Montecito resident Diana Raab is a memoirist, poet, essayist, blogger, educator, and award-winning author. Writing for Bliss: A Seven-Step Plan for Telling Your Story and Transforming Your Life is her eighth book. I recently spoke with Raab about journaling, telling stories as a way of self-discovery, and being courageous in your writing.
What was the genesis of your new book, Writing for Bliss? My passion for writing began at the age of 10, when my mother gave me a Kahlil Gibran journal after my grandmother/caretaker committed suicide in my childhood home. My mother was an English major in college and suggested that I pour my feelings and sadness onto the pages of my journal.
So, journaling as a way to heal loss? That’s right. Since then, my journal has been my confidant and best friend. I’ve used it to navigate difficult times, and it’s also a place to store memories and creative ideas that later result in poems, essays, and books. My journals have also been an invaluable and integral part of my healing and transformation during transitional times in my life, such as adolescence, three pregnancies laden with bed rest, menopause, and two bouts with cancer.
I know from reading your many articles that you have a knack for simplifying complicated information. I try! Writing for Bliss is a culmination of my life’s work. Ever since my mother gave me that first journal, I have used writing for healing — also the subject of my doctoral work, which focused on the transformative powers of writing a memoir. After getting my PhD, I continued my path of teaching writing-for-transformation workshops. Many participants asked if I would write a book they could use as a reference after the workshop ended.
Obviously, you’re a big advocate of journaling, which is a very private activity, yet you’re also someone who writes online for a number of venues. Can you talk about the tensions between private and public writing? Is it possible to “write for bliss” while also writing for publication? The pendulum from private to public writing is always changing. As a two-time cancer survivor, I have had to learn to be both fearless and courageous, which is essential for being a good writer. When you release your fears, you accept what happens in your life, and a sense of wonder follows. However, writer’s block can occur if the fear of telling your story gets in the way. Fear can be immobilizing and limit your joy and bliss.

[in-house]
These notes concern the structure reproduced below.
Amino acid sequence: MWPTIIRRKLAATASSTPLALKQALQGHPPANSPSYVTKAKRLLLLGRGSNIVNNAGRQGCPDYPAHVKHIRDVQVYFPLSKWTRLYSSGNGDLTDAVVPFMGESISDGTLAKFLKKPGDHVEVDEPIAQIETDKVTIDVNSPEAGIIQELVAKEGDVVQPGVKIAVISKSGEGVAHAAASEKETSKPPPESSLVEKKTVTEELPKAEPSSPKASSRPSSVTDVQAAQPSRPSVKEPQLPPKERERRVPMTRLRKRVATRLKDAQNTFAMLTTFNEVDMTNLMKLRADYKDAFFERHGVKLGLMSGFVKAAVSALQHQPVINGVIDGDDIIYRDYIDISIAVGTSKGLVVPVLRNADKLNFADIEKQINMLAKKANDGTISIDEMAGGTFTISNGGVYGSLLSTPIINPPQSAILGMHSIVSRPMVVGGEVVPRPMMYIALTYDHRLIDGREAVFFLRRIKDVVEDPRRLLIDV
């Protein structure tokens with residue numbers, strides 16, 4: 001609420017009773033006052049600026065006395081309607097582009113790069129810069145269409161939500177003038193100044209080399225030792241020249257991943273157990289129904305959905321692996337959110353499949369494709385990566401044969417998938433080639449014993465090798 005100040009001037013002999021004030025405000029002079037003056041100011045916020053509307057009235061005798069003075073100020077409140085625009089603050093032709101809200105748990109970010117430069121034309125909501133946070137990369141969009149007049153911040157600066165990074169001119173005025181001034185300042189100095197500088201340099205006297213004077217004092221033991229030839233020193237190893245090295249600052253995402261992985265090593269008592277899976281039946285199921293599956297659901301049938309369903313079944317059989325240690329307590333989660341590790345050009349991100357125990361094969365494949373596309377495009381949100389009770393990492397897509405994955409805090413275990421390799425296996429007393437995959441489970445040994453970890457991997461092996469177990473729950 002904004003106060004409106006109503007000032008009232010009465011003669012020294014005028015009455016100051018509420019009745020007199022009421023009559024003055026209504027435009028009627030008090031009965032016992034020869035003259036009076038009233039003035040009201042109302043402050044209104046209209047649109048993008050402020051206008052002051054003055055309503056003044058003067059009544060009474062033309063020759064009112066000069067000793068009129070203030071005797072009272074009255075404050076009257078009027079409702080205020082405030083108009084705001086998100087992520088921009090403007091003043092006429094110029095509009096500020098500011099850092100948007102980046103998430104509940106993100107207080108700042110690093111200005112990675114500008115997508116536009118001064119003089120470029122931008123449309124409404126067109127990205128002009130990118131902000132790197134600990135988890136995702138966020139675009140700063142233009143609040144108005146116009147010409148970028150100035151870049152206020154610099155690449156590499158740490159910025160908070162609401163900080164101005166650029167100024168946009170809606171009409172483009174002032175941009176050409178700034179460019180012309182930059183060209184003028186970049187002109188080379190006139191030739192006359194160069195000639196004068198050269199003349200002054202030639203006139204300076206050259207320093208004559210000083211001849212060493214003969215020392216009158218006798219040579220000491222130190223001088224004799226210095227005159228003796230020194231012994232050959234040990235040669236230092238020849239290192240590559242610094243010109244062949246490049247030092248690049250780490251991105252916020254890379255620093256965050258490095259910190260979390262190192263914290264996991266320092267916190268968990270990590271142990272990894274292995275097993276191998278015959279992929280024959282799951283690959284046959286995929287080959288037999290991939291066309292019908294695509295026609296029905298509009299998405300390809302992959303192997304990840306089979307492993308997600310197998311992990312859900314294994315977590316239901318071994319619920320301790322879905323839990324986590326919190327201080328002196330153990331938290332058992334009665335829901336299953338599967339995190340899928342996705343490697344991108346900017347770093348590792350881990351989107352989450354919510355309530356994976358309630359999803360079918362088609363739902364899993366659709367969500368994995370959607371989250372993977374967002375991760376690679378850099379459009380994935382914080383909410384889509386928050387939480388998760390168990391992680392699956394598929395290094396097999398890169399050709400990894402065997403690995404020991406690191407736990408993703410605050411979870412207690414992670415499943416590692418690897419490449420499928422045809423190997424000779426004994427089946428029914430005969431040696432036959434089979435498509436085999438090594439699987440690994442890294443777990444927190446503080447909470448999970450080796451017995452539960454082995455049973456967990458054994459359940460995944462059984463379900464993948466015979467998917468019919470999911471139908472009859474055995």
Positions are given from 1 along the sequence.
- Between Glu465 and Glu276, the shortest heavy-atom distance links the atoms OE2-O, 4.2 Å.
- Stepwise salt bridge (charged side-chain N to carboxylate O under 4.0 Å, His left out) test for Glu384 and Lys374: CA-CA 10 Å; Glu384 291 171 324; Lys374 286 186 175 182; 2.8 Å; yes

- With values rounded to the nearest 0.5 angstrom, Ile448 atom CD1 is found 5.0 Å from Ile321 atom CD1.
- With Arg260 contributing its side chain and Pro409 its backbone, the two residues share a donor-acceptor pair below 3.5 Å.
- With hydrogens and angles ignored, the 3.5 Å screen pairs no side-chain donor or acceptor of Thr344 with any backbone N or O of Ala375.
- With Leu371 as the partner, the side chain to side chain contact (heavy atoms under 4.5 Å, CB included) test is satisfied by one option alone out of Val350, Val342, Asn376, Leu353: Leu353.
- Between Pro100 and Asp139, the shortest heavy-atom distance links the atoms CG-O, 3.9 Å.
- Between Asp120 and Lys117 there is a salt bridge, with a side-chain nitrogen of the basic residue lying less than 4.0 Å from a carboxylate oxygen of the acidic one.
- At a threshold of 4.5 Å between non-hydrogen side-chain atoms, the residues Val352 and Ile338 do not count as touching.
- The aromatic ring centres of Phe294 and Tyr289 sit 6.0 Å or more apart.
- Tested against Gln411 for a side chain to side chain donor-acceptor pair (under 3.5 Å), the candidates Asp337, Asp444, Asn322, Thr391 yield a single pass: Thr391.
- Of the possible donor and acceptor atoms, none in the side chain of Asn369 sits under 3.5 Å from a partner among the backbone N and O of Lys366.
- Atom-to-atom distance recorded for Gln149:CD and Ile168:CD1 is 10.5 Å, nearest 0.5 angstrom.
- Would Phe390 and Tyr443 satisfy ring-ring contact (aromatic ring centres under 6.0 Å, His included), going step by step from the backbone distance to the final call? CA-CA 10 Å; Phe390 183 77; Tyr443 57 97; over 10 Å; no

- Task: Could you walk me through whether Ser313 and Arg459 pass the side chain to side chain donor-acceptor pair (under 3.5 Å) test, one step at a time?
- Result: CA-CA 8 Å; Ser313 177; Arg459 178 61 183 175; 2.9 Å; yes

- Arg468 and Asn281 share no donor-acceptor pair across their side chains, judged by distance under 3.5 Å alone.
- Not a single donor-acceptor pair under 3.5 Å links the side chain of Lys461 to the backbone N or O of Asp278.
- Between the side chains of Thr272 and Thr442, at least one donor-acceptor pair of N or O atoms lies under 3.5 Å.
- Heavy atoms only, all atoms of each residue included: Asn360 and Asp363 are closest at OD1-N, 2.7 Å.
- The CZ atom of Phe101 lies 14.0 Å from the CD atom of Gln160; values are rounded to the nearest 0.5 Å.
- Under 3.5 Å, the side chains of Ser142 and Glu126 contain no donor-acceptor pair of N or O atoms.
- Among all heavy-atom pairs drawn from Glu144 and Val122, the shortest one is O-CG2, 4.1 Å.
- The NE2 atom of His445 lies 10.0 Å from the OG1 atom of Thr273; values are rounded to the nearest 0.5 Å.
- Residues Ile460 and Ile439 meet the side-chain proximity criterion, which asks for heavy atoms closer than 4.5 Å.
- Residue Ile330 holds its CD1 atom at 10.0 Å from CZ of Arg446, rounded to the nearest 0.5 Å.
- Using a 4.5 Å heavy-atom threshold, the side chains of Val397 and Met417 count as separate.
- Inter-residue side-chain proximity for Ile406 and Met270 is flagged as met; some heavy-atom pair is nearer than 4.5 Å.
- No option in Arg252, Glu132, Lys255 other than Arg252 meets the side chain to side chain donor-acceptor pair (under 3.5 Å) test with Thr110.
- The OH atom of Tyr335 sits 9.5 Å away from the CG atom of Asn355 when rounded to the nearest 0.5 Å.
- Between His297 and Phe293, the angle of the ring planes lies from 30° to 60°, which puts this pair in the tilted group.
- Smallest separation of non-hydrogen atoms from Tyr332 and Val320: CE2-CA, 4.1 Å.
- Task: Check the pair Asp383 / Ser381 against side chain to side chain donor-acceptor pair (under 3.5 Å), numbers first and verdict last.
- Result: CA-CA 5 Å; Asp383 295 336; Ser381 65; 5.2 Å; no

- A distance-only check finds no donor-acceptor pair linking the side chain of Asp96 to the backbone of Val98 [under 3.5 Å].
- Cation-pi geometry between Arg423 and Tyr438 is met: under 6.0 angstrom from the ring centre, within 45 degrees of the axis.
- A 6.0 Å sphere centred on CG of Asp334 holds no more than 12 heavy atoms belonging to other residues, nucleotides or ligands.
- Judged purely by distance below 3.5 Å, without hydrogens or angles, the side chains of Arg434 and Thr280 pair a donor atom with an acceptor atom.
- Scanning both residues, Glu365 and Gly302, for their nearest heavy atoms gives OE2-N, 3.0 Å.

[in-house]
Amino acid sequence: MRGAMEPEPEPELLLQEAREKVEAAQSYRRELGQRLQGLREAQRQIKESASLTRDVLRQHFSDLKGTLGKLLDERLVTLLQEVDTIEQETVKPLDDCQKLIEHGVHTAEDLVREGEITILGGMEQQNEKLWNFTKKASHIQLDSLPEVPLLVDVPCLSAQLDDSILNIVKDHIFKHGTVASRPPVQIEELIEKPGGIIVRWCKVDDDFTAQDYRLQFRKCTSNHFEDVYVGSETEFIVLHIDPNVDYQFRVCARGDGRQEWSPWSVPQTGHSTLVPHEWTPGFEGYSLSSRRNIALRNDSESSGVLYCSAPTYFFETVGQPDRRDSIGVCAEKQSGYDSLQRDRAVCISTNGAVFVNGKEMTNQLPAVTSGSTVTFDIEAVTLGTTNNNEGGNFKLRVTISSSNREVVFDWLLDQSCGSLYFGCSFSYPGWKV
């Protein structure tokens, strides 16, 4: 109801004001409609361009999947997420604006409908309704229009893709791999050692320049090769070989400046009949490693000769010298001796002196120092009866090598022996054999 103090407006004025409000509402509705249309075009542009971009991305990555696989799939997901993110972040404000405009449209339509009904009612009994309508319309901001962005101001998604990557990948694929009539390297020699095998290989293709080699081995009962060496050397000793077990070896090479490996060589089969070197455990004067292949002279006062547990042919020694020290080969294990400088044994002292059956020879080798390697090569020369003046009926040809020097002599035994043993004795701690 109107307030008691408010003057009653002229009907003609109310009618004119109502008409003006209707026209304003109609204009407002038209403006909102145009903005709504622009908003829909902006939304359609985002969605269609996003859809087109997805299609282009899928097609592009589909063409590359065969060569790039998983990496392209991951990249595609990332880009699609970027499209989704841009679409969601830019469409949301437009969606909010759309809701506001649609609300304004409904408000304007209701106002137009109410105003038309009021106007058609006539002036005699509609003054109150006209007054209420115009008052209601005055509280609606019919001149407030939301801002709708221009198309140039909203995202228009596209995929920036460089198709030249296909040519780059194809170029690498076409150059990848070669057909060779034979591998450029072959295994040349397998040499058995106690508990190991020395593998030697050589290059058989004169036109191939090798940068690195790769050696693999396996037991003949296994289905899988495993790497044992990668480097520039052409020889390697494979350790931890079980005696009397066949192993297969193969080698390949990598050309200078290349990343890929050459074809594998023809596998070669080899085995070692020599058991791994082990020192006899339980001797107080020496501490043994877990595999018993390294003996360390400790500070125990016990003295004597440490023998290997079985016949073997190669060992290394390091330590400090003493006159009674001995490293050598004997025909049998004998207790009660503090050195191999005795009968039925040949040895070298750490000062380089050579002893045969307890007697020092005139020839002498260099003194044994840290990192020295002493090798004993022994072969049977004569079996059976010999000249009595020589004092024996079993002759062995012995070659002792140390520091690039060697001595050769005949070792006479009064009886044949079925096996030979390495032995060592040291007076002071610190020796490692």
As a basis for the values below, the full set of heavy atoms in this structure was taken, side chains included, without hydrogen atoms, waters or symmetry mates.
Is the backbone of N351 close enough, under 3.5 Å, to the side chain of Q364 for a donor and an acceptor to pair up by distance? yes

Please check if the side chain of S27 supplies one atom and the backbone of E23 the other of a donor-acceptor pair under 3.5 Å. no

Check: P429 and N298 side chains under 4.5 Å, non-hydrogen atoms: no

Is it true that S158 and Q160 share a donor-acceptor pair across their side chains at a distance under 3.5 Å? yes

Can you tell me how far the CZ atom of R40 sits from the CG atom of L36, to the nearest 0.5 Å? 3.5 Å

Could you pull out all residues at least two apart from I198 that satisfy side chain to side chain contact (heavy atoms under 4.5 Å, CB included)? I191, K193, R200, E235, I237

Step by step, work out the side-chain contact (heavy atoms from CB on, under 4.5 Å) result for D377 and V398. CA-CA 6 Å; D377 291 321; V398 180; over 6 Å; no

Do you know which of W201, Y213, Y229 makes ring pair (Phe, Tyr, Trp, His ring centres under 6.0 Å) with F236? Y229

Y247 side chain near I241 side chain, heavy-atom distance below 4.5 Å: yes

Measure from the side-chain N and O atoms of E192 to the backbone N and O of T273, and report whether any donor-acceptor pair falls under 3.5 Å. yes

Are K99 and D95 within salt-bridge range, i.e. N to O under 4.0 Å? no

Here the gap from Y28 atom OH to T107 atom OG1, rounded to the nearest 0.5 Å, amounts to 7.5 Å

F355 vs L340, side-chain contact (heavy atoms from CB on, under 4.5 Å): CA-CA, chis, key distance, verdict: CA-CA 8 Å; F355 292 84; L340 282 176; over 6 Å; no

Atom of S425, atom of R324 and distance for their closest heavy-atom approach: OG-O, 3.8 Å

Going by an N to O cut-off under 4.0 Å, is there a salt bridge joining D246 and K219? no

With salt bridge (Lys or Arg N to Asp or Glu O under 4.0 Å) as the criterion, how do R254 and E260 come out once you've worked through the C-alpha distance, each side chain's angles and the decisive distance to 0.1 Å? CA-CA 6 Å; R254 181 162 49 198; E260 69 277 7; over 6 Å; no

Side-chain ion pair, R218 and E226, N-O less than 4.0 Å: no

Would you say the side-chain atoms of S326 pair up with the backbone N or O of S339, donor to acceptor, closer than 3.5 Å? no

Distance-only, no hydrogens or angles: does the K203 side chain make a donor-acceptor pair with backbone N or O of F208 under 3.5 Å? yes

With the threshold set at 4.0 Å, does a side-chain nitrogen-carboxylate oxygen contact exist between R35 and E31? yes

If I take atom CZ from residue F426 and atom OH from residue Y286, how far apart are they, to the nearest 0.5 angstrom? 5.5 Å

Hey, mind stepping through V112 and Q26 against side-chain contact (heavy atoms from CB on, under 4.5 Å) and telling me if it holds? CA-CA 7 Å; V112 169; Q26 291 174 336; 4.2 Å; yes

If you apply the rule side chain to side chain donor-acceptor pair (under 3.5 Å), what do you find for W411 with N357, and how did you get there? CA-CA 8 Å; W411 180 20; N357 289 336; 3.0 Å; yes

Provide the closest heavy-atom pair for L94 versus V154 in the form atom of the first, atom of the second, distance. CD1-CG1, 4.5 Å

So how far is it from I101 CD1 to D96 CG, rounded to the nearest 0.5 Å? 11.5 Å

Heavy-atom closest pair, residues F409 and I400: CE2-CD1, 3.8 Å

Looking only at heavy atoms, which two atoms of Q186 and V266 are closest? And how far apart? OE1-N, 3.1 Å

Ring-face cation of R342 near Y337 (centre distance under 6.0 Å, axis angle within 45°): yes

How so? If you’re fearful, then you’re not living in the moment. Sharing my stories gives others courage to share theirs. Storytelling is a reminder of the interconnectedness between humans.
If readers were to take away one lesson from Writing for Bliss, what would you want that lesson to be? That’s a tough one, as I have shared many lessons and pieces of wisdom in the book, which I’ve compiled from more than five decades of writing. My overarching message to my readers is to give them permission to tell their stories as a way to attain self-discovery. Another crucial message is the importance of finding one’s life passion as a way to happiness by asking the question: Why am I here, and what is the meaning of my life?
Being in touch with your heart center is also at the core of any well-being practice. When writing, it’s important to be in touch with your heart because it is usually a truth holder. Speaking from the heart helps it open up and expand. This expansion can lead to a greater sense of freedom and bliss.
Join Diana Raab on Saturday, September 16, 3-5 p.m., at Tecolote Book Shop (1740 E. Valley Rd., Ste. 52) for a book-signing and book-launch celebration, and on Saturday, September 30, 2:30-5 p.m., at The Sacred Space (2594 Lillie Ave., Summerland) for a book-signing and talk.